Article Details

Research Database: Article Details

Citation:  Hume, K., Sreckovic, M., Snyder, K., & Carnahan, C.R. (2014). Helping students with autism spectrum disorder navigate the school day. Teaching Exceptional Children, 47 (1), 35-45.
Title:  Helping students with autism spectrum disorder navigate the school day
Authors:  Hume, K., Sreckovic, M., Snyder, K., & Carnahan, C.R.
Year:  2014
Journal/Publication:  Teaching Exceptional Children
Publisher:  Sage Publications, Inc.
DOI:  https://doi.org/10.1177/0040059914542794
Full text:  http://tcx.sagepub.com/content/early/2014/07/16/0040059914542794.fu...   
Peer-reviewed?  Yes
NIDILRR-funded?  No

Structured abstract:

Background:  Any student must make transitions during the school day. Different classes, activities, lessons, and instructors are all commonplace in schools. Making these transitions is sometimes difficult for students with Autism Spectrum Disorder (ASD). Transition supports can be created for students with ASD to increase predictability, appropriate behaviors during transitions, and create positive transition routines.
Purpose:  The purpose of this paper is to describe a four step sequence for implementing transition supports for students with ASD.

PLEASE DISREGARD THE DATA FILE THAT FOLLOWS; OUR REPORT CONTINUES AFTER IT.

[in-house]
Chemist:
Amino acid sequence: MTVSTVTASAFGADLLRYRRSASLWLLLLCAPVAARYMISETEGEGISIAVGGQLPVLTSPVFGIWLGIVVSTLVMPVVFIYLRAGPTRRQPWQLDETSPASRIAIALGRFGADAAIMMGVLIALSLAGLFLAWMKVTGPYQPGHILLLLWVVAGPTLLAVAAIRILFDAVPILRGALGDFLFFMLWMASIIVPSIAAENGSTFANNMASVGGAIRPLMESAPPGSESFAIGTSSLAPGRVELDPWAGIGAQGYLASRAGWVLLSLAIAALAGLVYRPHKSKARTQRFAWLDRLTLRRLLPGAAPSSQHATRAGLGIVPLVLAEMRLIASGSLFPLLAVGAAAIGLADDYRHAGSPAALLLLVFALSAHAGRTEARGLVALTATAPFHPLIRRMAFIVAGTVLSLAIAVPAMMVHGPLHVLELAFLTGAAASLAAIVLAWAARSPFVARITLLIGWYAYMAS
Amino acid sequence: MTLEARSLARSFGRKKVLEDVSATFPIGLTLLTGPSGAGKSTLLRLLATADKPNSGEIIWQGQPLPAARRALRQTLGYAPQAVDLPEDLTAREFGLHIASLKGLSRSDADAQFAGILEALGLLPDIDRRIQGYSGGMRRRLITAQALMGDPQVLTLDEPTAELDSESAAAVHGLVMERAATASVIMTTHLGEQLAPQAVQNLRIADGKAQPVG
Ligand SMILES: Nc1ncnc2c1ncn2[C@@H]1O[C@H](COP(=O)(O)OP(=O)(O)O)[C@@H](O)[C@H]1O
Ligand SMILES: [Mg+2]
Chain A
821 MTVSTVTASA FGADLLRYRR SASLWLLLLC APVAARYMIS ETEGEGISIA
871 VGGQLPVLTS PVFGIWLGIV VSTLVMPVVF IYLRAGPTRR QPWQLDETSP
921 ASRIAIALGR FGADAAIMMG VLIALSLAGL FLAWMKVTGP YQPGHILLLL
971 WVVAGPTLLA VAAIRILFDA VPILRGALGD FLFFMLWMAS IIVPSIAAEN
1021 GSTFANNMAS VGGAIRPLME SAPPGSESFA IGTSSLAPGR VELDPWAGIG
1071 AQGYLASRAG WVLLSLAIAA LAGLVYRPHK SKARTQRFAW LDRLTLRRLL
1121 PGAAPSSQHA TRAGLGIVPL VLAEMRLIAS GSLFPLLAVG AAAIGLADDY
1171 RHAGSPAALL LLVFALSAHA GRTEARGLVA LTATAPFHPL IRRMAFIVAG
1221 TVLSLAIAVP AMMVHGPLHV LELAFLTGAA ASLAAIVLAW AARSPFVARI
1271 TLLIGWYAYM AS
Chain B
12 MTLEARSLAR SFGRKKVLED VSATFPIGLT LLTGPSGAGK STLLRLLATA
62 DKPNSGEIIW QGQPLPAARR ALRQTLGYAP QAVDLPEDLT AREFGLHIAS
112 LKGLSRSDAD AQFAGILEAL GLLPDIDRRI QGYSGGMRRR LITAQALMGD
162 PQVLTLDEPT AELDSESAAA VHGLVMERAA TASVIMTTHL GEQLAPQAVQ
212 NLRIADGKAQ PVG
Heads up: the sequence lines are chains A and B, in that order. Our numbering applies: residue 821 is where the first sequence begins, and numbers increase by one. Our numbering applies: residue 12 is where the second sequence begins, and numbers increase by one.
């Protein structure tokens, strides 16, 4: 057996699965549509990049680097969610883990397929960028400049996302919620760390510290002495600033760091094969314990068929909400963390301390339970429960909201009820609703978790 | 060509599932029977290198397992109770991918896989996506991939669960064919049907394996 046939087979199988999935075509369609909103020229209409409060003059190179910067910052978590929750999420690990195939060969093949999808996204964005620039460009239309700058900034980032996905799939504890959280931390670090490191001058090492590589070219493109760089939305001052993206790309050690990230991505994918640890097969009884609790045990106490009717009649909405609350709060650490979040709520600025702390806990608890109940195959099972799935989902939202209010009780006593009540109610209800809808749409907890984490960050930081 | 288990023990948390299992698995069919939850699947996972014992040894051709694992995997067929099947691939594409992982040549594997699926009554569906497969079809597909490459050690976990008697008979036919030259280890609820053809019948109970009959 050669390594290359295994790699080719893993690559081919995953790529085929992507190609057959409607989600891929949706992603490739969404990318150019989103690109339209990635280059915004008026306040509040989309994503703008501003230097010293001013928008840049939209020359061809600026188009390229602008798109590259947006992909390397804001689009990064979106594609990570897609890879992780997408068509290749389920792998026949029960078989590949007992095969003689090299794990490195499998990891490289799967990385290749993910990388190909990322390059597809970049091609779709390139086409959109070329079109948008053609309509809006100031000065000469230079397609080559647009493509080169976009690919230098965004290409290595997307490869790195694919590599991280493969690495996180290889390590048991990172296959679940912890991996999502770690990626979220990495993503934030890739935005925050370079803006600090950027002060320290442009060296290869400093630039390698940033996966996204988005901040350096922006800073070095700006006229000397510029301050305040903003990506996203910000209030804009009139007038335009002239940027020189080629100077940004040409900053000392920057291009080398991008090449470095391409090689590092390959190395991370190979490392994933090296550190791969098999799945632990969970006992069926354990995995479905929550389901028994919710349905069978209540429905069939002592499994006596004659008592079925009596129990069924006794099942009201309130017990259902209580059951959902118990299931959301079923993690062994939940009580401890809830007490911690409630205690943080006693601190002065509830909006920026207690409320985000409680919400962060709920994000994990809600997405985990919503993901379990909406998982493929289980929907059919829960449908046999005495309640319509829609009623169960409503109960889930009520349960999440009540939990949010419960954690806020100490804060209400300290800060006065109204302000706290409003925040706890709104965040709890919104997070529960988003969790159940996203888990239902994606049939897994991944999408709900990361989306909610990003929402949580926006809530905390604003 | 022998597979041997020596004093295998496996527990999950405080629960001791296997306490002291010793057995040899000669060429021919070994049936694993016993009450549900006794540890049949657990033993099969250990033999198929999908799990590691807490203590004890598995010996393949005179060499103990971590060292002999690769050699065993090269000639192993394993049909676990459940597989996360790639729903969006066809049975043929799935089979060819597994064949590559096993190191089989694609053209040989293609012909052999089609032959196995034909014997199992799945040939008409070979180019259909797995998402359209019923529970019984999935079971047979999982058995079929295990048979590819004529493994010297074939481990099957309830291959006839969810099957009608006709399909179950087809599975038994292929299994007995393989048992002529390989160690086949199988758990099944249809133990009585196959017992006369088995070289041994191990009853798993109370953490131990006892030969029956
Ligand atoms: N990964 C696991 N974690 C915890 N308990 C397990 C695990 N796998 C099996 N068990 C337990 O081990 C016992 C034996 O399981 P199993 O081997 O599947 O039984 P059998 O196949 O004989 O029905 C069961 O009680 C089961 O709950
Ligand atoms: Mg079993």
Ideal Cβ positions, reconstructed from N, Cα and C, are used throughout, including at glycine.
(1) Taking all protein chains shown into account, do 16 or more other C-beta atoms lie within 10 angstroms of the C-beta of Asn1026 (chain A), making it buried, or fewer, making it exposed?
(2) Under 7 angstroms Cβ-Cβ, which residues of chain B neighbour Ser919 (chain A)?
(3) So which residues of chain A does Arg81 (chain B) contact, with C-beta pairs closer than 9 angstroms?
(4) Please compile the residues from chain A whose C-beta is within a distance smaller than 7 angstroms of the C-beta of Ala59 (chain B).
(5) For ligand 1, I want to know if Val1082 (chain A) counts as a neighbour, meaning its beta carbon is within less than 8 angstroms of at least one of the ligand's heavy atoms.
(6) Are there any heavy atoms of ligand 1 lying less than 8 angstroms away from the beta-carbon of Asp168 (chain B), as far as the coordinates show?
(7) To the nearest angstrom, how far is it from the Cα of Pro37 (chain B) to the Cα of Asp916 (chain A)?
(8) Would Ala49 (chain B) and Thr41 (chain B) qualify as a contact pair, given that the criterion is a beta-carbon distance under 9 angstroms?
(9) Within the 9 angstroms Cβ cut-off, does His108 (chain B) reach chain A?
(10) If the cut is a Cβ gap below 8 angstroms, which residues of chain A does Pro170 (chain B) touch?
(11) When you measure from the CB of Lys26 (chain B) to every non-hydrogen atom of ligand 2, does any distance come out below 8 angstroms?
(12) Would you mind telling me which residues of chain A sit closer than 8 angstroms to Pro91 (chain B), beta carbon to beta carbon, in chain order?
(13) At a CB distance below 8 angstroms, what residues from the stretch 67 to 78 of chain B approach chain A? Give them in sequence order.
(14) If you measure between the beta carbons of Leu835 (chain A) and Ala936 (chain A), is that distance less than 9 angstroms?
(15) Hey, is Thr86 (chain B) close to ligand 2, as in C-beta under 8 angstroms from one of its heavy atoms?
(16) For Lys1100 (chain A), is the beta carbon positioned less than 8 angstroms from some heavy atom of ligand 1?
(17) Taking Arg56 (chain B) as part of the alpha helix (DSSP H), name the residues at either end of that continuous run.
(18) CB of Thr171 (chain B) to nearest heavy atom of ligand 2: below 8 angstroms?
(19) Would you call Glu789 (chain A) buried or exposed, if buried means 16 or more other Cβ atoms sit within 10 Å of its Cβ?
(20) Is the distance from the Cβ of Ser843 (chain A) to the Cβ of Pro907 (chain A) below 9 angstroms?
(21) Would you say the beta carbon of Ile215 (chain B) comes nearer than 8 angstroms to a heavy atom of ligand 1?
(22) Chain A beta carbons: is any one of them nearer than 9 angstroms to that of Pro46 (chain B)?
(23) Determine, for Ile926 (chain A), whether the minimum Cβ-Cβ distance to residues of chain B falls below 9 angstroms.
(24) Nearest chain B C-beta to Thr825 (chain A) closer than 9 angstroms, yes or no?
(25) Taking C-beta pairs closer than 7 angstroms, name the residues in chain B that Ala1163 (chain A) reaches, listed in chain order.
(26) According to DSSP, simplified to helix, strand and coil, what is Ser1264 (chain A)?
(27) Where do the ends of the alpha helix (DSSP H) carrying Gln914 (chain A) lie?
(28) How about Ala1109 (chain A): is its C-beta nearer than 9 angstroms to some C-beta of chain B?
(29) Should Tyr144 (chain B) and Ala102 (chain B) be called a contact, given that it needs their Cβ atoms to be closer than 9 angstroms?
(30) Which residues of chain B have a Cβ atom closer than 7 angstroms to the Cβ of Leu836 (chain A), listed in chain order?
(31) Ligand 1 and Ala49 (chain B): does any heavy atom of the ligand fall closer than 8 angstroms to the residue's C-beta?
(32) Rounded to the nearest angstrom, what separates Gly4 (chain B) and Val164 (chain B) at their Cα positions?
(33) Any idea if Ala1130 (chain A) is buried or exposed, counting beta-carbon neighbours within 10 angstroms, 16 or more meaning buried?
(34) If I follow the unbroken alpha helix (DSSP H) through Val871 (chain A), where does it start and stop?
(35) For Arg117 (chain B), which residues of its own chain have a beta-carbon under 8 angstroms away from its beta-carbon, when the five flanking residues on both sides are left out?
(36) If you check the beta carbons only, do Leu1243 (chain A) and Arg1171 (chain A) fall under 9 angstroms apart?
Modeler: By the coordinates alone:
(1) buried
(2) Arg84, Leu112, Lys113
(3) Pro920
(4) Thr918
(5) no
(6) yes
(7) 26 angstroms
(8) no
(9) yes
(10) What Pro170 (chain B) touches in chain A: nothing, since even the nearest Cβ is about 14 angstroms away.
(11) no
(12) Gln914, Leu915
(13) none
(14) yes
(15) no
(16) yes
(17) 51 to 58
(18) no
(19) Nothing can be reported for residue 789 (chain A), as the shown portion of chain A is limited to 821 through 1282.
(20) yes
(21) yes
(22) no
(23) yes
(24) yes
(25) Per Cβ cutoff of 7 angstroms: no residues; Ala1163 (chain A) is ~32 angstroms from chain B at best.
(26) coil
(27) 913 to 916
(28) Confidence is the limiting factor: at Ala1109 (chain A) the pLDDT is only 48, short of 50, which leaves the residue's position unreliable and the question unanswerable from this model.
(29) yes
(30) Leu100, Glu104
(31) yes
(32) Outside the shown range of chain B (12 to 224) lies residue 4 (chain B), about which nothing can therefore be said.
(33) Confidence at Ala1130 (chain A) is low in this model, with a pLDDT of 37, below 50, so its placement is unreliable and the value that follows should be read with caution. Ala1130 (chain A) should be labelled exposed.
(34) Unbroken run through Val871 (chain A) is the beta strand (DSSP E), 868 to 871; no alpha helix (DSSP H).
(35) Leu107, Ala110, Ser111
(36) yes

Findings:  The first step is to identify problematic transitions. These could include transitions between staff members, transitions between activities, subjects, or lesson formats. The second step is to identify appropriate transition supports. Types of supports can be visual (a video or set of pictures depicting the successful transition), or auditory in the form of making requests to the student. Determining the appropriate support depends on the knowledge and resources of the staff and the needs of the student. The next step is the actual implementation of the supports. How this step happens depends on the age and support needs of the student. The final step is to collect data to determine the effectiveness of the transitions.
Conclusions:  Following these steps can help students with ASD fully participate in school. These supports also have a high carryover to activities outside of school.

Disabilities served:  Autism / ASD
Populations served:  Other
Interventions:  Other